Like most projects, we designed our monitoring and evaluation (M&E) system at the beginning of the project.
That works… normally.
Standard projects go into design with the end-intervention predetermined. When teams know the intervention from the start, they can suit up appropriately to monitor and manage it from day 1.
But as a project built from a human-centered design (HCD) approach, A360 entered design to innovate on adolescent contraceptive programming. Without an intervention already in place, we allowed ourselves to commit to a new way of programming – guided by where young people, diverse experts and local health system partners would take us.
But we failed to extend that commitment to innovating how we do business. We applied a standard approach to setting up our M&E, despite embarking on a very different program journey.
As learnings from these new case studies reinforce: you can’t approach a new way of programming with an old way of managing.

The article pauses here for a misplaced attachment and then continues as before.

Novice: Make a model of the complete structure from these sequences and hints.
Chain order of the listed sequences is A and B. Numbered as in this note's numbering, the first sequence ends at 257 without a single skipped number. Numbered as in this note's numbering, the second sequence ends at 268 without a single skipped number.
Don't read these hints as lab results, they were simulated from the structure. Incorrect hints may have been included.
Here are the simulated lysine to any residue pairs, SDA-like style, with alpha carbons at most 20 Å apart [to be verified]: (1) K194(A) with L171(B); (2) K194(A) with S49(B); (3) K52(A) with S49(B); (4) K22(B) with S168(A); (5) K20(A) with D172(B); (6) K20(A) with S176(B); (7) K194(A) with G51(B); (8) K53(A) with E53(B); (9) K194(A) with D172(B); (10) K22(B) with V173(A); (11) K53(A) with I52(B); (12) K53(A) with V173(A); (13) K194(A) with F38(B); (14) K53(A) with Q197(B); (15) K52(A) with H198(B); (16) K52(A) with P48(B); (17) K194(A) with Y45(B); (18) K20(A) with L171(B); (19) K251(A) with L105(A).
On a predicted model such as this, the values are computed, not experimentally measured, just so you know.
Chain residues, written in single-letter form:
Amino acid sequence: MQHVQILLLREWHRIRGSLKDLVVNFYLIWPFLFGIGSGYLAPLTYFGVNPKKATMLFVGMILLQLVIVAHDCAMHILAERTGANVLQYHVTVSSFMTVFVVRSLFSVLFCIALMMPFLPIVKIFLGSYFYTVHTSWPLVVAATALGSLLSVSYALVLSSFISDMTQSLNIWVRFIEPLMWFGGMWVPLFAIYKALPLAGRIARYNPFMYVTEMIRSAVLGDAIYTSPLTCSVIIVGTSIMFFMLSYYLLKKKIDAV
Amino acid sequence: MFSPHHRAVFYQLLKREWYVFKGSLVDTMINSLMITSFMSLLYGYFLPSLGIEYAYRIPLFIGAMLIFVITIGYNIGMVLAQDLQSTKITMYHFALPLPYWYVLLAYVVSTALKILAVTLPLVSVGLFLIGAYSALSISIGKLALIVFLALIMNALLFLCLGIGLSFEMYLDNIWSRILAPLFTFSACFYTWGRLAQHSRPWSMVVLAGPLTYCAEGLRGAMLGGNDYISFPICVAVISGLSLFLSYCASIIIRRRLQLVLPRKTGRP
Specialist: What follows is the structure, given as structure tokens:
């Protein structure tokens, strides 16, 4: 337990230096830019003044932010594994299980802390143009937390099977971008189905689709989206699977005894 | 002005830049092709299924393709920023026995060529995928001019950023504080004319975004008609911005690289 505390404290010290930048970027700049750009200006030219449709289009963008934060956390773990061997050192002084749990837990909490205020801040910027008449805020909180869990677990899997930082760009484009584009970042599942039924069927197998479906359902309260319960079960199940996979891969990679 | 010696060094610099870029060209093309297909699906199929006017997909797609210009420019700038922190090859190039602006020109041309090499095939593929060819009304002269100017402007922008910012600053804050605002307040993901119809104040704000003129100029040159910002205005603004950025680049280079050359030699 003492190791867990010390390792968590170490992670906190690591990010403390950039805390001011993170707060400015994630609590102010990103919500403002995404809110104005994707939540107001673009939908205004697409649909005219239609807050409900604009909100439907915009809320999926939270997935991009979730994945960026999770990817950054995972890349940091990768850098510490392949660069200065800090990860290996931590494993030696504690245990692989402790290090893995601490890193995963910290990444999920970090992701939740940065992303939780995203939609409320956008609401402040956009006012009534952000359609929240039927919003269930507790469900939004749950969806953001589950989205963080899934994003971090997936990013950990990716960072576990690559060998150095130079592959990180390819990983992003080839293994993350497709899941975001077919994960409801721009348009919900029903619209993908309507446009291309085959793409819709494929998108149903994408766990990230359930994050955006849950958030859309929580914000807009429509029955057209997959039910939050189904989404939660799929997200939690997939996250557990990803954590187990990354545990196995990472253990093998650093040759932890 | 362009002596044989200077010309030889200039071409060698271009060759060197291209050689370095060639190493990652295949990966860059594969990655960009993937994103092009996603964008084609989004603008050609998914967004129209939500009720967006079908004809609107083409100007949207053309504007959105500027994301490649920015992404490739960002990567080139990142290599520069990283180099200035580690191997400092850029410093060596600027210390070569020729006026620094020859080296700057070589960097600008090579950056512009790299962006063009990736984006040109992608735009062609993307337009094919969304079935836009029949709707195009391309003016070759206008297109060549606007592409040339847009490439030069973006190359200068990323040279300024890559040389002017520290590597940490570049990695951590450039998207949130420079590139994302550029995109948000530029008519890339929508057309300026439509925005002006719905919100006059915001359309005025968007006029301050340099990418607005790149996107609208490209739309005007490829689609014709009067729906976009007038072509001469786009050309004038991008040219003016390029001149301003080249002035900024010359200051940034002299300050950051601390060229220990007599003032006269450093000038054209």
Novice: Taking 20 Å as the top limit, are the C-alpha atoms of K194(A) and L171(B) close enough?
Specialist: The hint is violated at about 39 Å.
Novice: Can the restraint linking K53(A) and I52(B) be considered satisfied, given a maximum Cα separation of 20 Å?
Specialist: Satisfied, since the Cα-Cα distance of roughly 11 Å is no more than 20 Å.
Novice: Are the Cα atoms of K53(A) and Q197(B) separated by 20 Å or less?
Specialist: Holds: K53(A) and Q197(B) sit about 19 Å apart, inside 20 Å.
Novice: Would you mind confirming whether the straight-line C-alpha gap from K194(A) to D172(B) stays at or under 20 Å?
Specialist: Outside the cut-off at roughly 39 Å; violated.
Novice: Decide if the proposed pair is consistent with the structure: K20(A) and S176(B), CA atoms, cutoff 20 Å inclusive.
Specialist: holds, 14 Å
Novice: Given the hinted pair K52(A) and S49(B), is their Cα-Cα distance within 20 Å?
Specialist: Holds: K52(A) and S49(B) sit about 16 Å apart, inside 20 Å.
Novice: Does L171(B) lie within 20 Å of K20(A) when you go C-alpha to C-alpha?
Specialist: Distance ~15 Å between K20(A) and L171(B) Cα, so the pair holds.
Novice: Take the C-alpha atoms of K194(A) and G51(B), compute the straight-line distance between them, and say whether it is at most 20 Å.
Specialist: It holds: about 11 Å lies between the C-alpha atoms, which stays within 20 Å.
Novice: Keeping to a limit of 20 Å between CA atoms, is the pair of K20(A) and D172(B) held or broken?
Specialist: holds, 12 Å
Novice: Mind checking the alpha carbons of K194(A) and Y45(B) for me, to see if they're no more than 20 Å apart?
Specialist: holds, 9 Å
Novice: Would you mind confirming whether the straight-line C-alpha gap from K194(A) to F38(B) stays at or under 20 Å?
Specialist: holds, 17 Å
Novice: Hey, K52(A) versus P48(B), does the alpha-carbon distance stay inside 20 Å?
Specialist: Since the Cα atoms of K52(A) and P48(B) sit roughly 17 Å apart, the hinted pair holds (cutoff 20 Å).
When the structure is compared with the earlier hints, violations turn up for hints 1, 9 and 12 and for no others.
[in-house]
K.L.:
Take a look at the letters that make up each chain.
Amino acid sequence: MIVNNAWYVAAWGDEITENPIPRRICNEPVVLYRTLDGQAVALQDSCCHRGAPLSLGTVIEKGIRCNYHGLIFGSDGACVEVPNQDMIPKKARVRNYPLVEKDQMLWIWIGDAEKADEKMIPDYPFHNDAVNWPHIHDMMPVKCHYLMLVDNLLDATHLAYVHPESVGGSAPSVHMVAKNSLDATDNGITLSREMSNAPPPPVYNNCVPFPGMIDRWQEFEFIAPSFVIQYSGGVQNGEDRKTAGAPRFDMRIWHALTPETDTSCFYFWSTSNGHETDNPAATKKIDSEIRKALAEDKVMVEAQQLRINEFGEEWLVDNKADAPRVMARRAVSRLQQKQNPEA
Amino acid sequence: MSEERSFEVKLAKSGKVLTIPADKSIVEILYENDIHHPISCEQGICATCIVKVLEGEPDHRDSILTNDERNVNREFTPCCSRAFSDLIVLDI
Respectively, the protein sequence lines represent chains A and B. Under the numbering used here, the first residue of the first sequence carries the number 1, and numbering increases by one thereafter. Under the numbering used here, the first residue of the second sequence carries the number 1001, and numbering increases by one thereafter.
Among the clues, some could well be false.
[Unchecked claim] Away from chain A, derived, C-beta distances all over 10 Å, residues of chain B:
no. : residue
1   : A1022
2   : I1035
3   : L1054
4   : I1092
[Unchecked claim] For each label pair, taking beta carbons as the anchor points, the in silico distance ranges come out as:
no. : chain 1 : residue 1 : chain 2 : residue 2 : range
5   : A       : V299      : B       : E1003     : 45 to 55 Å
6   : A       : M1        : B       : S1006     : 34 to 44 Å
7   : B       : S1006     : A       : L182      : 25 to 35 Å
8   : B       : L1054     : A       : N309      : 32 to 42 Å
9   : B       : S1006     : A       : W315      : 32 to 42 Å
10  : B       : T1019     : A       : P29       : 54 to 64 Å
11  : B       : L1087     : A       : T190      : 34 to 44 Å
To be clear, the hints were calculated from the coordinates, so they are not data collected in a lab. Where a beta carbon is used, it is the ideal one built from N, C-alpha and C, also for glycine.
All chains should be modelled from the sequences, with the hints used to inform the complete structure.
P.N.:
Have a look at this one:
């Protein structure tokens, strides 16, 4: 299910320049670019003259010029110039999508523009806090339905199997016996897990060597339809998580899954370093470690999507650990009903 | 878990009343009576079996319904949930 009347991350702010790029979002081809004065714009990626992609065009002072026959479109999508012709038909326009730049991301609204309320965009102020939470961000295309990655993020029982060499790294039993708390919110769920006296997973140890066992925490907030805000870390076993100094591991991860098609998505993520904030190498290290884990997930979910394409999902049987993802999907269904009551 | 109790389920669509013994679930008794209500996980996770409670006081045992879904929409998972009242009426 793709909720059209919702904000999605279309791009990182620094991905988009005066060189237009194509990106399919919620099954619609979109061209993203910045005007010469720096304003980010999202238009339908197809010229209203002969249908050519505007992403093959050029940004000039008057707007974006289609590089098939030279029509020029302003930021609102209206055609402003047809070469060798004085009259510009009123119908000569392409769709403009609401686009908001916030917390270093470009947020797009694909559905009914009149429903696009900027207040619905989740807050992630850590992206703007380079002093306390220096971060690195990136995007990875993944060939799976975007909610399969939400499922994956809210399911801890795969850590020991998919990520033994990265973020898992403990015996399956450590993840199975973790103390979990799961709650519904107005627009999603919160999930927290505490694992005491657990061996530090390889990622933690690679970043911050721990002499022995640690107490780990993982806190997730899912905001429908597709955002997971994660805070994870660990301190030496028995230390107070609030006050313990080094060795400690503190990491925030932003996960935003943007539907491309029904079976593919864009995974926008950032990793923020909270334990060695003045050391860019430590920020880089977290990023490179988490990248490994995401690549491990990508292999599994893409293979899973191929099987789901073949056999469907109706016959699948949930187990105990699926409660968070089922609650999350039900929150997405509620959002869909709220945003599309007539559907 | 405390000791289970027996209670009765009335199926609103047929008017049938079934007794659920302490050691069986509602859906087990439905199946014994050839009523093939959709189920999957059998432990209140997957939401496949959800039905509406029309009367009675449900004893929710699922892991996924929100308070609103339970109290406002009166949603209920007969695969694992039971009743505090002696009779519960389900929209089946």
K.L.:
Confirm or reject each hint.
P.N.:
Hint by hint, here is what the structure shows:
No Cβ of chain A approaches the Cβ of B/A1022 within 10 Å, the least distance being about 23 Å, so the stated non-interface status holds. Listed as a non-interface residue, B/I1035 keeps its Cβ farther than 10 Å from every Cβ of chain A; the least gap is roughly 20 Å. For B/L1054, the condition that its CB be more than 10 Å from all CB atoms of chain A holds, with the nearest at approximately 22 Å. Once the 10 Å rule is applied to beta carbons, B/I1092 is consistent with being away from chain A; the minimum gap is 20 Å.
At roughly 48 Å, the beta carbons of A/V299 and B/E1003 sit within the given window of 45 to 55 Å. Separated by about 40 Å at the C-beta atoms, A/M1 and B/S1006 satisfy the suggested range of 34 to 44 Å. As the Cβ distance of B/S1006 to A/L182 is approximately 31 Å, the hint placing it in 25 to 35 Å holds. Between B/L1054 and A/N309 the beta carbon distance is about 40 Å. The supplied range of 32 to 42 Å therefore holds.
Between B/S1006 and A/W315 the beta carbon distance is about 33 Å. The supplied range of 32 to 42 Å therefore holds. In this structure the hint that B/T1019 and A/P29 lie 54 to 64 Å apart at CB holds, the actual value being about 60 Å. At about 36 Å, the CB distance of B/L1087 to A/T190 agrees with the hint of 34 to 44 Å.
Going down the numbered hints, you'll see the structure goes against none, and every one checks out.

While valuable for user-centered programming, iterating and tailoring interventions based on feedback loops (namely, a system to collect and react to users’ comments) and experiential learning poses challenges to standard evaluation approaches.
MeasureD research states its best:
“The value of integrating measurement into design comes from its role in making the outcomes we seek in the context of program intervention explicit, defining hypothetical pathways and drivers that lead to these outcomes (e.g., through a theory of change), and providing subjective and objective metrics to test the pathways over time, to help determine whether the intervention is creating relevant conditions critical to its overall success. The challenge for design-led implementers is to determine what kind of measurement is relevant at what stage of the design-implementation process.“
But as MeasureD notes, decisions on quantitative monitoring approaches are best timed post-design, when teams can understand the full intended path of their newly designed intervention’s technical value.